Council consultation

I attended a Ward Forum hosted by Newcastle City Council through Newcastle Voice this week. Council holds occasional forums in each of their four wards to “provide opportunities for local residents talk about the opportunities and challenges facing their ward.” It sounds like they are trialling a more inclusive format and wanting to encourage community discussion.

The facilitator described the process as a World Cafe, but it was pretty different to the World Cafes I have facilitated and the way they were introduced at the Art of Hosting training I attended. At the same time, what it is called is not nearly as important as whether or not it was a useful process.

Before the evening, we had been invited to register and identify any issues we were particularly concerned about. Will (from Transition Newcastle) and I had said we were interested in sustainability in relation to Council’s draft delivery program and operational plan. The forum started with the facilitator giving an overview of the process and introducing the topics for discussion at each of three tables:

  1. Local heritage and planning
  2. Local traffic
  3. Local works.

There would be two rounds of discussion and we were invited to change tables after the first round so that we would be involved in two topics. When Will asked what about our issue, she explained that she had considered creating a fourth table but not enough people had indicated a topic related to sustainability to be worth it. She invited us to join the other discussions, so we joined the table discussing local heritage and planning.

At our table there were12 people: two Councillors, two or three Council staff, somebody from the local paper and the rest of us were residents. After quick introductions one of the people at our table offered to get the ball rolling. She essentially had a prepared notes on the importance of retaining the heritage and character of suburbs with a village feel (e.g., New Lambton and Lambton). She spoke for about 15 minutes.  It seemed most of the other residents (besides Will and I) were there because of this issue and what she had to say was quite interesting. The rest of the first half hour was based on this issue – mainly in what I would call a question and answer format. Residents asked the Councillors or Council staff questions, and the Councillors asking residents questions. It didn’t really get to conversation (which is what I associate with World Cafe) but I think it was quite a useful discussion. I suspect it was a helpful format for the people involved.

After half an hour people were invited to change tables. One of the Councillors and the Council staff stayed at our table as did Will, two other residents and I. Two other Councillors and a number of residents joined us so we had around 12 people again. I’m not sure if anybody else was asked but Will and I were asked by the facilitator if we were going to move, but we explained that we hadn’t had a chance to raise anything yet and so we thought we would see what happened in round two.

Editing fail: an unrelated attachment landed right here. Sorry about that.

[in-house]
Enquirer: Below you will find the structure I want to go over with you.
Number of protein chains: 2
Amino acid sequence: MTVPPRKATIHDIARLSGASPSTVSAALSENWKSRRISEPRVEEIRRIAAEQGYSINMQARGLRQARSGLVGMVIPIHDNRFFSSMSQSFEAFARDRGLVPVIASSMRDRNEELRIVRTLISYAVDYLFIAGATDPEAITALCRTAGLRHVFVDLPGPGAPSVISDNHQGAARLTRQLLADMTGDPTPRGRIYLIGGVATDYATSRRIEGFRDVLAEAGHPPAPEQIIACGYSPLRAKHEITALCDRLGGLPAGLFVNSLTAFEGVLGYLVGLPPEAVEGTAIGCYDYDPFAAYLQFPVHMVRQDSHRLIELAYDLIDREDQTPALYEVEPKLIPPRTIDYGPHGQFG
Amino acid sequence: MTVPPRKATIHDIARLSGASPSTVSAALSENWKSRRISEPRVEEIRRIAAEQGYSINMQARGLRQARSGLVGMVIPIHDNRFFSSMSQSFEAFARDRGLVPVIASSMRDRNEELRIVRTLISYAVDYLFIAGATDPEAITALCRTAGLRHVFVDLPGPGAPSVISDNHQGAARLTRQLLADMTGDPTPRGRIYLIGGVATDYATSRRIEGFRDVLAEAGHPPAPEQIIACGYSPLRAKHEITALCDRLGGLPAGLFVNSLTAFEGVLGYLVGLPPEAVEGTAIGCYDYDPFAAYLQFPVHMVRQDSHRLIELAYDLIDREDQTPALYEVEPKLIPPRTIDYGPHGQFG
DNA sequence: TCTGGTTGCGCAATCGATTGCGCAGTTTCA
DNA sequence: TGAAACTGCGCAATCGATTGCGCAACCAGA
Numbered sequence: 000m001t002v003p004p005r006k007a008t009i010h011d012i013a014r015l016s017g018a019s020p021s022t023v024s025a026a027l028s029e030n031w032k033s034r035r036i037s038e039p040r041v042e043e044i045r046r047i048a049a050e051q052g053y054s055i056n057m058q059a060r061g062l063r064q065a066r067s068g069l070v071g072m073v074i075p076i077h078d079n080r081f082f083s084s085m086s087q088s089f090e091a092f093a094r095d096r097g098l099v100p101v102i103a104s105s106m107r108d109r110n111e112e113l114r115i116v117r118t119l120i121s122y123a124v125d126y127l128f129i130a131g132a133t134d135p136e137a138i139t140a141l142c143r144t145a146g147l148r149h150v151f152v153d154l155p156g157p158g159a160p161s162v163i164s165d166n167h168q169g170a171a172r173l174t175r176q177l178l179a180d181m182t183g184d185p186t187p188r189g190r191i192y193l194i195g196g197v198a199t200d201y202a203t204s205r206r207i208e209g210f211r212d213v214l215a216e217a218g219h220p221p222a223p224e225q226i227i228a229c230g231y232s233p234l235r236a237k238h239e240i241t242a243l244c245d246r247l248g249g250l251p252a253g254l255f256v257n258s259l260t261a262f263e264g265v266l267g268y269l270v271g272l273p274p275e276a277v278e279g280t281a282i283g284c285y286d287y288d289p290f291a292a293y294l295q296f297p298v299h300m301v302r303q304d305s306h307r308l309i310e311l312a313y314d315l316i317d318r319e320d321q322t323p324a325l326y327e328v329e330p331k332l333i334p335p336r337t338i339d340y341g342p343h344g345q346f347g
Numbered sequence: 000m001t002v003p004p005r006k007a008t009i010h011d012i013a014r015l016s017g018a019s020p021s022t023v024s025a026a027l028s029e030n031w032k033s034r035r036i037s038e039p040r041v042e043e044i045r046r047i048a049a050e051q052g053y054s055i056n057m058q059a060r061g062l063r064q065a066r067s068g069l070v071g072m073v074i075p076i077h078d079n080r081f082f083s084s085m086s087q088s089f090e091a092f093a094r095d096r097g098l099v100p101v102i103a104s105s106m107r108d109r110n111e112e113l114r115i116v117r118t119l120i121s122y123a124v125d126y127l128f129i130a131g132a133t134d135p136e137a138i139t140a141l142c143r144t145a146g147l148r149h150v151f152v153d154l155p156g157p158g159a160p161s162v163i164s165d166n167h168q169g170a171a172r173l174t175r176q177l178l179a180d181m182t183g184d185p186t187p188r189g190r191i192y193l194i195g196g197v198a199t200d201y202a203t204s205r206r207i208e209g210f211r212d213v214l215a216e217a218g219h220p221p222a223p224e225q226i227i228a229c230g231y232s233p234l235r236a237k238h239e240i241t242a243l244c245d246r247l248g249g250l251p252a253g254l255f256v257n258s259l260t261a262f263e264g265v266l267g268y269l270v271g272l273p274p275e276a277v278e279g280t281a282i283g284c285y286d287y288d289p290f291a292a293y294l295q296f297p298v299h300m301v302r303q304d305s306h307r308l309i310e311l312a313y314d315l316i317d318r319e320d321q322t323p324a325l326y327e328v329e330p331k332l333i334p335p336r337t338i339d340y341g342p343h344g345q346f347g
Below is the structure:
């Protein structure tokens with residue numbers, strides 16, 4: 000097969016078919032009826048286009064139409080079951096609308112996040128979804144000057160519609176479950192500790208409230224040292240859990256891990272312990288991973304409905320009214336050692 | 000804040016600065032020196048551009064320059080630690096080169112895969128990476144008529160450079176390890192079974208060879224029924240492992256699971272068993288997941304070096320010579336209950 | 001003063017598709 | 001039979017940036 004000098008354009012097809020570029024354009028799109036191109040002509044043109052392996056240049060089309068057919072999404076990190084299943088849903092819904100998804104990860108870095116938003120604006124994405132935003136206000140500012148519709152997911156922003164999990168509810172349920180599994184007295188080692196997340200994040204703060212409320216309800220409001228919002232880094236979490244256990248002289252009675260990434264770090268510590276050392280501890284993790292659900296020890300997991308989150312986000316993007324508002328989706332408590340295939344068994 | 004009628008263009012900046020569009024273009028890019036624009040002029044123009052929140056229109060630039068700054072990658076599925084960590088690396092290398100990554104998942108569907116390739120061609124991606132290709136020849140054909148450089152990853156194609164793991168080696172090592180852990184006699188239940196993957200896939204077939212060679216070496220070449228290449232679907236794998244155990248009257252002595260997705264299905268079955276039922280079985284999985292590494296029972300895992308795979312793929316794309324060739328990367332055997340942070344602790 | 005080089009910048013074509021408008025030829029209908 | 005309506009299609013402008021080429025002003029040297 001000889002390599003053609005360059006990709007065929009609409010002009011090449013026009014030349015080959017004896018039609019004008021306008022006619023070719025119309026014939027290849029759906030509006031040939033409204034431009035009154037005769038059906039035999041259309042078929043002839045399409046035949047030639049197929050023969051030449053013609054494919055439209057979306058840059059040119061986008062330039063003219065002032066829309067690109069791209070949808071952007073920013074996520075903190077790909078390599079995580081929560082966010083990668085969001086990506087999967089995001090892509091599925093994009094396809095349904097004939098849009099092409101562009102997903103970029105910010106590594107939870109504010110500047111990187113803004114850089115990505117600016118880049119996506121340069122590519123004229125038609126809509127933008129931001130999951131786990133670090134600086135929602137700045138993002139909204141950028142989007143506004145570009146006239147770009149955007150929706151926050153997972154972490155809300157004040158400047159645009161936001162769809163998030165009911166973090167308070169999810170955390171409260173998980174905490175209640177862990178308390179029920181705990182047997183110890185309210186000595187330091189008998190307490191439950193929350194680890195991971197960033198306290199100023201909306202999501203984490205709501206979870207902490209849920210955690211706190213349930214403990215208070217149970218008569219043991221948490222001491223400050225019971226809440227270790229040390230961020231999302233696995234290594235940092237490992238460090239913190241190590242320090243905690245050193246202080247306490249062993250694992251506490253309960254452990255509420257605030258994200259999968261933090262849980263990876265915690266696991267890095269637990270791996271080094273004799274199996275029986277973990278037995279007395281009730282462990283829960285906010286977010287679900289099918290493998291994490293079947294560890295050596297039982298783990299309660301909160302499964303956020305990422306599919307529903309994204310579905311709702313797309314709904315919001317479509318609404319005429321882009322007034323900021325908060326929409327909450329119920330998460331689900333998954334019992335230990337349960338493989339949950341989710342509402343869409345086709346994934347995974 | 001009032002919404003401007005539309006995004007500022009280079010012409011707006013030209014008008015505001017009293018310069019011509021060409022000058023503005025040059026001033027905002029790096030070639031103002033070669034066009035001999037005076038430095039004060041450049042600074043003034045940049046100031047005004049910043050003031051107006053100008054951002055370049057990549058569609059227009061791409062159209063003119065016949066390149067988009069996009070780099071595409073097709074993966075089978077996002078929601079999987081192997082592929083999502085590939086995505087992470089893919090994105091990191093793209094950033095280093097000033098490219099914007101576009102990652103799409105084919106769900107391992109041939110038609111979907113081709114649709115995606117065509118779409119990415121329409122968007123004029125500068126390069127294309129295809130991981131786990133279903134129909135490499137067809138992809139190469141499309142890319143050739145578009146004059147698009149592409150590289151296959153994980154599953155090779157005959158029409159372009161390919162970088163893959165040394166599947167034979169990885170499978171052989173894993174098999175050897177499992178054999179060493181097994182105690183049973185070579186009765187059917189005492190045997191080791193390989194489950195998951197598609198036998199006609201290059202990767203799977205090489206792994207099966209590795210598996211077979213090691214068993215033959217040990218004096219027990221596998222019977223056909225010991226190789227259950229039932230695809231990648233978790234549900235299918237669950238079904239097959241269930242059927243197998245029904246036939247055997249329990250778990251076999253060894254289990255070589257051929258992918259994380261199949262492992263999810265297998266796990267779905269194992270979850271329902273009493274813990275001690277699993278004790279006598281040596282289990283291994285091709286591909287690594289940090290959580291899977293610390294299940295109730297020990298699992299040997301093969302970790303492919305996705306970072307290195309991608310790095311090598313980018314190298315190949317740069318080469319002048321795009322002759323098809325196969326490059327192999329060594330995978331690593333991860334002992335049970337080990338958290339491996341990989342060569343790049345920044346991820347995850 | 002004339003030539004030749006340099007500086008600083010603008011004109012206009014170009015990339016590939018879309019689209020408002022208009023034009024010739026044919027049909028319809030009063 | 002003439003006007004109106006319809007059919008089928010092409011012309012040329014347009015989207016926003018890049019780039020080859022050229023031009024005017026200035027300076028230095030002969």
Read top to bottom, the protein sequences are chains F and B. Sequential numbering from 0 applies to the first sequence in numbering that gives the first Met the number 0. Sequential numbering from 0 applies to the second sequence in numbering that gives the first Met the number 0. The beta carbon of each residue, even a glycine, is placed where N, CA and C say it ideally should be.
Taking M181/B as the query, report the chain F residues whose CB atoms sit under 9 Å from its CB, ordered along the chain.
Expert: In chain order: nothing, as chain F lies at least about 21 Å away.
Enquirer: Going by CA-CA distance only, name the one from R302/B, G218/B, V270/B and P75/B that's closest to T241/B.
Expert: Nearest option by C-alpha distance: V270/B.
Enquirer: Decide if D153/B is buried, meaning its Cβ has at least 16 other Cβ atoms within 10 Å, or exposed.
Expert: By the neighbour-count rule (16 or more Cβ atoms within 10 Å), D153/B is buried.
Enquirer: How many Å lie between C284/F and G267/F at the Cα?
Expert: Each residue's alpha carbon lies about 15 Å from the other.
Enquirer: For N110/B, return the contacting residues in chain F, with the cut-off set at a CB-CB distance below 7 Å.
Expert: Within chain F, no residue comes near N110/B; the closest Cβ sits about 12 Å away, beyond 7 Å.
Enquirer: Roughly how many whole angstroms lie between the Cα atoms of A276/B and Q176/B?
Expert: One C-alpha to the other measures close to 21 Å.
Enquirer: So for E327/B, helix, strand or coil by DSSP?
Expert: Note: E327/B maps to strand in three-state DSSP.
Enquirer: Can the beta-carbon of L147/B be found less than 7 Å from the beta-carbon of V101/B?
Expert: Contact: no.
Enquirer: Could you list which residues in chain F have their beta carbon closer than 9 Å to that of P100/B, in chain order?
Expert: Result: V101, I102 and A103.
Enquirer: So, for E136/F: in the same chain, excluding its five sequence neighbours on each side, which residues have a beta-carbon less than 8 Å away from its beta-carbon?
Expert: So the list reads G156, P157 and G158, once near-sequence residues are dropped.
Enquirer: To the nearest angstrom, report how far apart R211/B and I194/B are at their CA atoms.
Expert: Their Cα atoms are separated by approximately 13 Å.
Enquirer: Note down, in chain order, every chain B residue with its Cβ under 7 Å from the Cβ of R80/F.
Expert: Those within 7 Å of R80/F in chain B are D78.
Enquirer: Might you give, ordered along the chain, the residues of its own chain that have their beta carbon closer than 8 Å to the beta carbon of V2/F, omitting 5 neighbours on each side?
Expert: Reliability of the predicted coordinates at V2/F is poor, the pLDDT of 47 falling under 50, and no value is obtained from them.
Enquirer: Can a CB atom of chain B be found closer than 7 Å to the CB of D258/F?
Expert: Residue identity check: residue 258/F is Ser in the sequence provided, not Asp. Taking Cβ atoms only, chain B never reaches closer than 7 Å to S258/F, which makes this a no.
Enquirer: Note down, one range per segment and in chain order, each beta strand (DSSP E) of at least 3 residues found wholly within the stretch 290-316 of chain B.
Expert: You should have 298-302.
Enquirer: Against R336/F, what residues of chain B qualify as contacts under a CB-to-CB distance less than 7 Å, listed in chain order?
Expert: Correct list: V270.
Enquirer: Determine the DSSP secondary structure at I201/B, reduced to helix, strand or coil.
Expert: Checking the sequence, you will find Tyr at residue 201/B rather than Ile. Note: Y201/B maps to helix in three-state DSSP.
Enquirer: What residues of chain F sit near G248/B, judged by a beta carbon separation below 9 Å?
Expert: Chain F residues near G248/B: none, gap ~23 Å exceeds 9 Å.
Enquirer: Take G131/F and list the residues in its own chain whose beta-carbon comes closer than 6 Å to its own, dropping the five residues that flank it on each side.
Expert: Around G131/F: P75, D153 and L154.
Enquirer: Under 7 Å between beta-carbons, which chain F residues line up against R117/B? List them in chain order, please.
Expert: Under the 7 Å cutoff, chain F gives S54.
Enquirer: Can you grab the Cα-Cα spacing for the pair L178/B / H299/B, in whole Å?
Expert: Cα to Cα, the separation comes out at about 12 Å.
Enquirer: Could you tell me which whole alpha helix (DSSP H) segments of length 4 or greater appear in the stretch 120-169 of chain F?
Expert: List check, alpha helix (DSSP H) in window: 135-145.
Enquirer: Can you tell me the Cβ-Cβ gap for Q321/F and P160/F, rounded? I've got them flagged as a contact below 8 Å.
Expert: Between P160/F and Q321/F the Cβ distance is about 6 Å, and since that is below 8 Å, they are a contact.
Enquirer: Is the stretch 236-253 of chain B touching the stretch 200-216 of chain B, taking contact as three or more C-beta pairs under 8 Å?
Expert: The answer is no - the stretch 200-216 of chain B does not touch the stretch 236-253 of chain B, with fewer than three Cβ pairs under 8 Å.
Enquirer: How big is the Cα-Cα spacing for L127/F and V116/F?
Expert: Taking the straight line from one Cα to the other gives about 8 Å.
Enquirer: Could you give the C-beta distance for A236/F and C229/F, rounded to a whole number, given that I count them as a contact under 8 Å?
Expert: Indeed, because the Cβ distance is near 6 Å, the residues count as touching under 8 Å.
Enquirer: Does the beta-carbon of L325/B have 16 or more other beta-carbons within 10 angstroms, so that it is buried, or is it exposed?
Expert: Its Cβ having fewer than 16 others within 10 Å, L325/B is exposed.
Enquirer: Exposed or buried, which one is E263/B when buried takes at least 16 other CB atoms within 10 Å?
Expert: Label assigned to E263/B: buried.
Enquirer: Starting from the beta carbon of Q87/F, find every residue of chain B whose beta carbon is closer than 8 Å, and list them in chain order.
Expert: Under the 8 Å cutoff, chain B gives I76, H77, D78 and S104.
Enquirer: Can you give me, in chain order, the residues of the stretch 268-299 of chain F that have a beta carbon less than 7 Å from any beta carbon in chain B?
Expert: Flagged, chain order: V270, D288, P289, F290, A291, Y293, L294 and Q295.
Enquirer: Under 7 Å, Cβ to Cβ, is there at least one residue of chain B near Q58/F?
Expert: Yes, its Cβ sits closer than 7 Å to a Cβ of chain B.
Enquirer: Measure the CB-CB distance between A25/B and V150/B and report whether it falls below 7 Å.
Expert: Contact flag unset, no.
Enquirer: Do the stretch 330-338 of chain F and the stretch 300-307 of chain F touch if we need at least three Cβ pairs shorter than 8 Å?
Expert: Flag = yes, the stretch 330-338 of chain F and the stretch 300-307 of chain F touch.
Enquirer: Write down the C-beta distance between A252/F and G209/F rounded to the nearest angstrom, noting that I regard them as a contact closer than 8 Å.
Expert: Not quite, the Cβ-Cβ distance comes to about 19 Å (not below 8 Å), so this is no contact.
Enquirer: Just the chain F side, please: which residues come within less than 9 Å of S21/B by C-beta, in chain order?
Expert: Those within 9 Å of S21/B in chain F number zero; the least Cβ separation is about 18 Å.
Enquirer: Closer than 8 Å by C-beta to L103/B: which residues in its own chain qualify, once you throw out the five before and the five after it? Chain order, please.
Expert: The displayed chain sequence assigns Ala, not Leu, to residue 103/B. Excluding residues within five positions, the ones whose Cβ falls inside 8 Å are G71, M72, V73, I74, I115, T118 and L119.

Another resident raised an issue in relation to Blackbutt (a large bushland park) and then one of the Councillors encouraged us to have a say. We essentially said that we were concerned that despite sustainability (including climate change and peak oil) being given a large emphasis in the Community Strategic Plan, we hadn’t really seen this translated into action in the draft delivery program and operational plan. We were interested to know how climate change and peak oil were being addressed and also how Transition Newcastle could work with Council to move forward on these issues. (As an aside when I asked how we could work with Council, the answer I received from a Council staff person was essentially that we couldn’t. Community organisations played an important role in working on their issues and Council had their own priorities. I’m not sure if that is what she meant, but it was certainly the impression I received.)

Once again there wasn’t really much conversation but there was some (to me) useful discussion mainly in the question and answer format. Another person raised another issue and it was time to finish the second round. To finish the evening a Councillor from each table gave a brief summary of the discussion from both rounds. I thought that the Councillor from our table (Michael Osborne) gave a very fair summary of the discussion.

To me World Cafe is about encouraging conversations in small groups around important questions. I don’t think the format used at the Ward Forum did that, but I think the format was successful in allowing a number of people to raise issues with Council. It would be good to think about what to do when some people want to raise an issue that other people haven’t identified. I wonder how many people would have elected to come to a discussion around climate change and peak oil if it had been an option. I honestly don’t know.

At times I think it could be useful to have more of a conversational approach in small groups to consider specific questions, but I suspect the format they had was more useful for a Ward Forum where the aim was to allow residents to raise issues of concern with Council.

From our point of view, it was worth going as we learnt about a couple of things Council is doing around sustainability and we made some useful connections. As a result of the meeting, we have been invited to meet with the Council Environment Committee next month.

About Graeme Stuart

Lecturer (Family Action Centre, Newcastle Uni), blogger (Sustaining Community), Alternatives to Violence Project facilitator, environmentalist, father. Passionate about families, community development, peace, sustainability.
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